The student media organization of California State University Northridge

Daily Sundial

The student media organization of California State University Northridge

Daily Sundial

The student media organization of California State University Northridge

Daily Sundial

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New California law protects social media privacy


Illustration by Jasmine Mochizuki / Assistant Visual Editor

A new law has been signed in California prohibiting employers and universities from asking applicants for their social media passwords. This new legislation, Assembly Bill 25, also bans employers from taking disciplinary action against employees for not releasing their passwords.

In addition to California, this law has now been passed in Delaware, Illinois, Maryland, Michigan, and New Jersey.

Hiring new CSUN employees is based on performance and knowledge, not what is posted on Facebook, according to Mika Williamson, associate director of recruitment services and compensation for human resources at CSUN.

“Here at the university, we don’t use social media as part of our decision making,” Williamson said. “What we do here is make sure we’re using what’s called ‘behavioral-based questions,’ which focus on a person’s experience, knowledge, skills and abilities.”

Using social media passwords as a decision-making tool became an increasingly growing trend among employers, but it was not something that was being practiced on a large scale, according to Williamson.

“(AB 25) may not actually change the process, but perhaps it will just clarify for any companies that may have been thinking about incorporating that into their process,” said Williamson.

This ushers in a new era of privacy in an ever-expanding world of private information being displayed on social media websites such as Facebook, Twitter, Instagram, etc.

“The Golden State is pioneering the social media revolution, and these laws will protect all Californians from unwarranted invasions of their personal social media accounts,” Gov. Jerry Brown said in a statement released after the law was passed.

Shivani Sood, 21, said she has never had a problem with an employer asking for a social media password and is relieved that the law has been passed.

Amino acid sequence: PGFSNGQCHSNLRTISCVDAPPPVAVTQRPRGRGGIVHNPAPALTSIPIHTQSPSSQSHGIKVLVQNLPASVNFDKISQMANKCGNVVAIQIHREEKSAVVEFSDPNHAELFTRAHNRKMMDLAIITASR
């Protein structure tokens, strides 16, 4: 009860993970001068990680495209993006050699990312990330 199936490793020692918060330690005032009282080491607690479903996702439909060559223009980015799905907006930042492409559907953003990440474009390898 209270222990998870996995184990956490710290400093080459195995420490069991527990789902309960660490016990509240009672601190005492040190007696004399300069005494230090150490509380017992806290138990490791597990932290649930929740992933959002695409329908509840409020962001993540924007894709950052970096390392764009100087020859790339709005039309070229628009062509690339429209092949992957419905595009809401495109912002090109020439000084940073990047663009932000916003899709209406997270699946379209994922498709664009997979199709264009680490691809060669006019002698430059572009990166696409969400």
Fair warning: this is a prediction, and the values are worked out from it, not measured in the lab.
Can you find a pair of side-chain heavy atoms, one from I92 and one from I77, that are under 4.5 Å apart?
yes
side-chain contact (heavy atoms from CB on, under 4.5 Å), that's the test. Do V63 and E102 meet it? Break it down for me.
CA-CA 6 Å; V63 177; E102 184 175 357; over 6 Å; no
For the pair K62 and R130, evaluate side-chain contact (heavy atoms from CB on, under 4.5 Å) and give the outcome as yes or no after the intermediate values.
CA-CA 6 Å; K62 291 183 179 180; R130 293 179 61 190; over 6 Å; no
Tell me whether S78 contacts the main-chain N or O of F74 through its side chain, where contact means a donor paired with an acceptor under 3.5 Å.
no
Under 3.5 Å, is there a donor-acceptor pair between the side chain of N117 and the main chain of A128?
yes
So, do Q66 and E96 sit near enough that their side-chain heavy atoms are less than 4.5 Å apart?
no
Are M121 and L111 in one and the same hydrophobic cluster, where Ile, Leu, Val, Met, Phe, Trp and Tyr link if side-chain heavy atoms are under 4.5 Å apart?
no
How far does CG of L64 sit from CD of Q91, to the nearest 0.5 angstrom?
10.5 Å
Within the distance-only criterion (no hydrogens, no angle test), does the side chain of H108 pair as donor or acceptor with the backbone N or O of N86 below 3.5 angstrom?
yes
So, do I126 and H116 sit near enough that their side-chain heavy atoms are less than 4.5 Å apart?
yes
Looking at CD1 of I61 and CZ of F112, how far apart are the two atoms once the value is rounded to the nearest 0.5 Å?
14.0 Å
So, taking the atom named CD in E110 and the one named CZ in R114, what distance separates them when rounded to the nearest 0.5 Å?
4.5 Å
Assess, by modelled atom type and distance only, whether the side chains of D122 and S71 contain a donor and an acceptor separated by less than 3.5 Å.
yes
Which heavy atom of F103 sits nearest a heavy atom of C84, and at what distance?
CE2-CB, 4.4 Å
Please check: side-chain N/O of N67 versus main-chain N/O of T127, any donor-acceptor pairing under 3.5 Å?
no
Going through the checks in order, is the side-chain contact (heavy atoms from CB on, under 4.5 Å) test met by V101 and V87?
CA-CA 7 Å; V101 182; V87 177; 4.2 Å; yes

“I feel better knowing that I won’t ever be in a situation where I might feel obligated to give out my Facebook password,” said Sood, a senior marketing major. “There are much less intrusive ways for an employer to find out a potential employee’s work ethic.”

Although this law protects applicants from giving up their social media passwords to potential employers, it does not protect them from the information that can be accessed without the password.

This easy access is what resonated with Adam Lane, a senior political science major, as he nears the end of his college career and prepares to enter the professional world.

“When I had a Facebook, I would clean it up not because of the information I necessarily had placed, but because of comments and posts of friends on my Facebook that I believed would be detrimental to me receiving a job,” said Lane, 21.

Some students believe that their social life can be completely separated from their careers and does not need to be shared with employers, like Casey Page, 23, who said she thinks a balance between work and play is attainable.

“I know many people who both work hard and party hard,” said Page, a senior english major. “An employer should really only be concerned with a person’s performance on the job.”

Michael Phillips, professor of finance, real estate & insurance shares his social media tips: 

1.  Don’t put anything online that you wouldn’t want to see enlarged to poster size and put on public display.
2.  Anything that you write online that is offensive may become an embarrassment to you or an employer almost anytime in the future.
3.  Be careful of what pictures you are tagged in (or that other people tag you in).  They can convey a very wrong message.
4.  Try to spell correctly and use reasonable grammar and punctuation and, especially, avoid harsh language online.
5.  Be careful what you “like” and “dislike”.  If you are a strong enthusiast for your prospective employer’s arch rival, that might not work to your benefit.
6.  While it’s alright to express strong opinions online, and I am personally a strong supporter of free speech, it is important to remember that saying things in social media is not like having a quiet conversation with friends.
7.  Remember that emails, tweets, IMs, chats, etc get forwarded, bcc’d, reposted, and generally can’t be called back.  I always suggest that you reread everything, preferably out loud, before pushing the send button.
8.  Do you know what’s out there? Spend some time and research yourself using a variety of search and networking tools.  You might be surprised at what you find.  If there’s information that shouldn’t be there, you can sometimes contact the information provider to arrange for it to be deleted–or for you to provide a response.

Employers, even without applicant passwords, are quite good at using existing search tools to find information about prospective job candidates, current employees, and – sometimes – competitors too. On the other hand, social media can be an excellent way to learn about a company’s culture, interests, and opportunities and when you are searching for a position, networking online can be a marvelous way to identify opportunities.

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